Stochastic noise is ubiquitous [1416] and stochastic delay differential systems (SDDSs) have been one of the focuses of scientific research for many years. Many properties of SDDSs have been studied and lots of papers were published; see [17, 18] and the references therein. Being the wide existence of stochastic delay and impulsive effects, it is a natural task to consider the stochastic delay differential systems with impulsive effects. These systems are described by impulsive stochastic delay differential systems (ISDDSs). In the past ten years, the stability of ISDDSs has attracted a lot of researchers, and a great deal of results on the stability of ISDDSs have been reported; see [1924] and the references therein.

However, little attention has been paid to the boundedness of ISDDSs. In this paper, the boundedness of ISDDSs is considered under two cases. The first case is that the SDDSs may be unbounded, then what kind of impulsive strategy should be taken to make the system be bounded. The second case is that the SDDSs are bounded, then this system can tolerate what kind of impulsive effect to maintain the boundedness.

In this paper, sufficient conditions are presented to guarantee the boundedness of ISDDSs; these conditions also admit the global existence of solutions for ISDDSs, which usually was a standard assumption in many papers [2527]. Making use of the Lyapunov-Razumikhin method, we generalize the results of [10] to the stochastic situation. At last, two examples are given to illustrate the correctness of our results.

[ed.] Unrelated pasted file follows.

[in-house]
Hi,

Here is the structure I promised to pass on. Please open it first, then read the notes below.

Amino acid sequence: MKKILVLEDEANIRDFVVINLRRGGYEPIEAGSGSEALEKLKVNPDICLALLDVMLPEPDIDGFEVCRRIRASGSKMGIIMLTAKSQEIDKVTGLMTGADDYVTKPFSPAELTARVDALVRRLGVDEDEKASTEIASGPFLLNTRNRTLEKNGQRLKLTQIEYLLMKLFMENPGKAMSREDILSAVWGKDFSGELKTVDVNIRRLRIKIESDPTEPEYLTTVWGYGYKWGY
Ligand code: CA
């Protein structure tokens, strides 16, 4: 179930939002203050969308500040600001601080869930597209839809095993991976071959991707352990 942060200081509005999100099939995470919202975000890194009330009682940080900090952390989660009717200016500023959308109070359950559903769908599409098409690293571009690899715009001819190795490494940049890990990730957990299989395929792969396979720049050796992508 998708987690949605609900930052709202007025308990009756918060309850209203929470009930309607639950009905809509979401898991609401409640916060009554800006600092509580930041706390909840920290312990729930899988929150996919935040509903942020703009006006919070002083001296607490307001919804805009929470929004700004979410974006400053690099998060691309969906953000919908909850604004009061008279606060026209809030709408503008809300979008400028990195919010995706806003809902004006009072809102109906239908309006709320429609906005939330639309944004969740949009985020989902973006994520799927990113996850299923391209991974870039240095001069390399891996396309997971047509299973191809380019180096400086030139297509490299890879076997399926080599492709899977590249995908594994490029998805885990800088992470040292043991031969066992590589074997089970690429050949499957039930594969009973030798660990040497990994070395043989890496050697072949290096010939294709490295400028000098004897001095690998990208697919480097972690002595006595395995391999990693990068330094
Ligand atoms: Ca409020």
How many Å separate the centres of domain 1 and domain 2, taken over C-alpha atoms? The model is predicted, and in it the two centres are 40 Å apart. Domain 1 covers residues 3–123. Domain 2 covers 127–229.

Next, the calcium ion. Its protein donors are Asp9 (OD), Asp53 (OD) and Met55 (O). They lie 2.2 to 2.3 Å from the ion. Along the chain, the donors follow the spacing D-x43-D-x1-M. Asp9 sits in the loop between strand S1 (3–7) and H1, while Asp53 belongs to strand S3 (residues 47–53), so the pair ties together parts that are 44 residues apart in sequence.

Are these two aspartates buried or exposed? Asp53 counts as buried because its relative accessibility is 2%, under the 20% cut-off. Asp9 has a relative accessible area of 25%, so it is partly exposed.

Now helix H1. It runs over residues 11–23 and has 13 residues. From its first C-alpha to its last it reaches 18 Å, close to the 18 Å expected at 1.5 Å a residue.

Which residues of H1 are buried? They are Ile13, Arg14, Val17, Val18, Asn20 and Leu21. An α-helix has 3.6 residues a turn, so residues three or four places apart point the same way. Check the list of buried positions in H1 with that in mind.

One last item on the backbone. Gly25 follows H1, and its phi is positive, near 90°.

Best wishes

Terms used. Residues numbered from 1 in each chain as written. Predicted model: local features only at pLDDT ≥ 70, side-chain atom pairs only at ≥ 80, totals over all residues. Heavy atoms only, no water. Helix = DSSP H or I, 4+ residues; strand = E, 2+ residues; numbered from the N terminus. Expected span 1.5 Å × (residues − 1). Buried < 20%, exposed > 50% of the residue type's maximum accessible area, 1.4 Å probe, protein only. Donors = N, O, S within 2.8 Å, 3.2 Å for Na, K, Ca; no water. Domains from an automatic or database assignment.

2. Preliminaries and Model Description

Let be a complete probability space with a filtration satisfying the usual conditions (i.e., the filtration contains all -null sets and is right continuous). Let , , and . If is a vector or a matrix, its transpose is denoted by . Consider , is continuous for all but at most countable points and at these points, and exist and , where is an interval and and denote the right-hand and left-hand limits of the function at time , respectively. Consider and if is not at the uncontinuous points . Let denote the family of all bounded measurable, valued random variables. Let be the Euclidean norm in and .

Consider the following nonlinear impulsive stochastic delay differential system:where , , , and satisfies global Lipschitz condition, represents the delay in system (1), impulsive moment satisfies , and as . is an dimensenal Brownian motion and .

Given a function , the operator of with respect to system (1) is defined bywhere

Definition 1. System (1) is said to be (1)moment bounded if, for every and , there exists such that if with and is a solution of (1), then for all ;(2)moment uniformly bounded if the system (1) is moment bounded and is independent of ;(3)moment ultimately bounded if the system (1) is moment bounded and there exists a positive constant such that for every and there exists some ; if with , then for ;(4)moment uniformly ultimately bounded, if the system (1) is moment ultimately bounded and is independent of .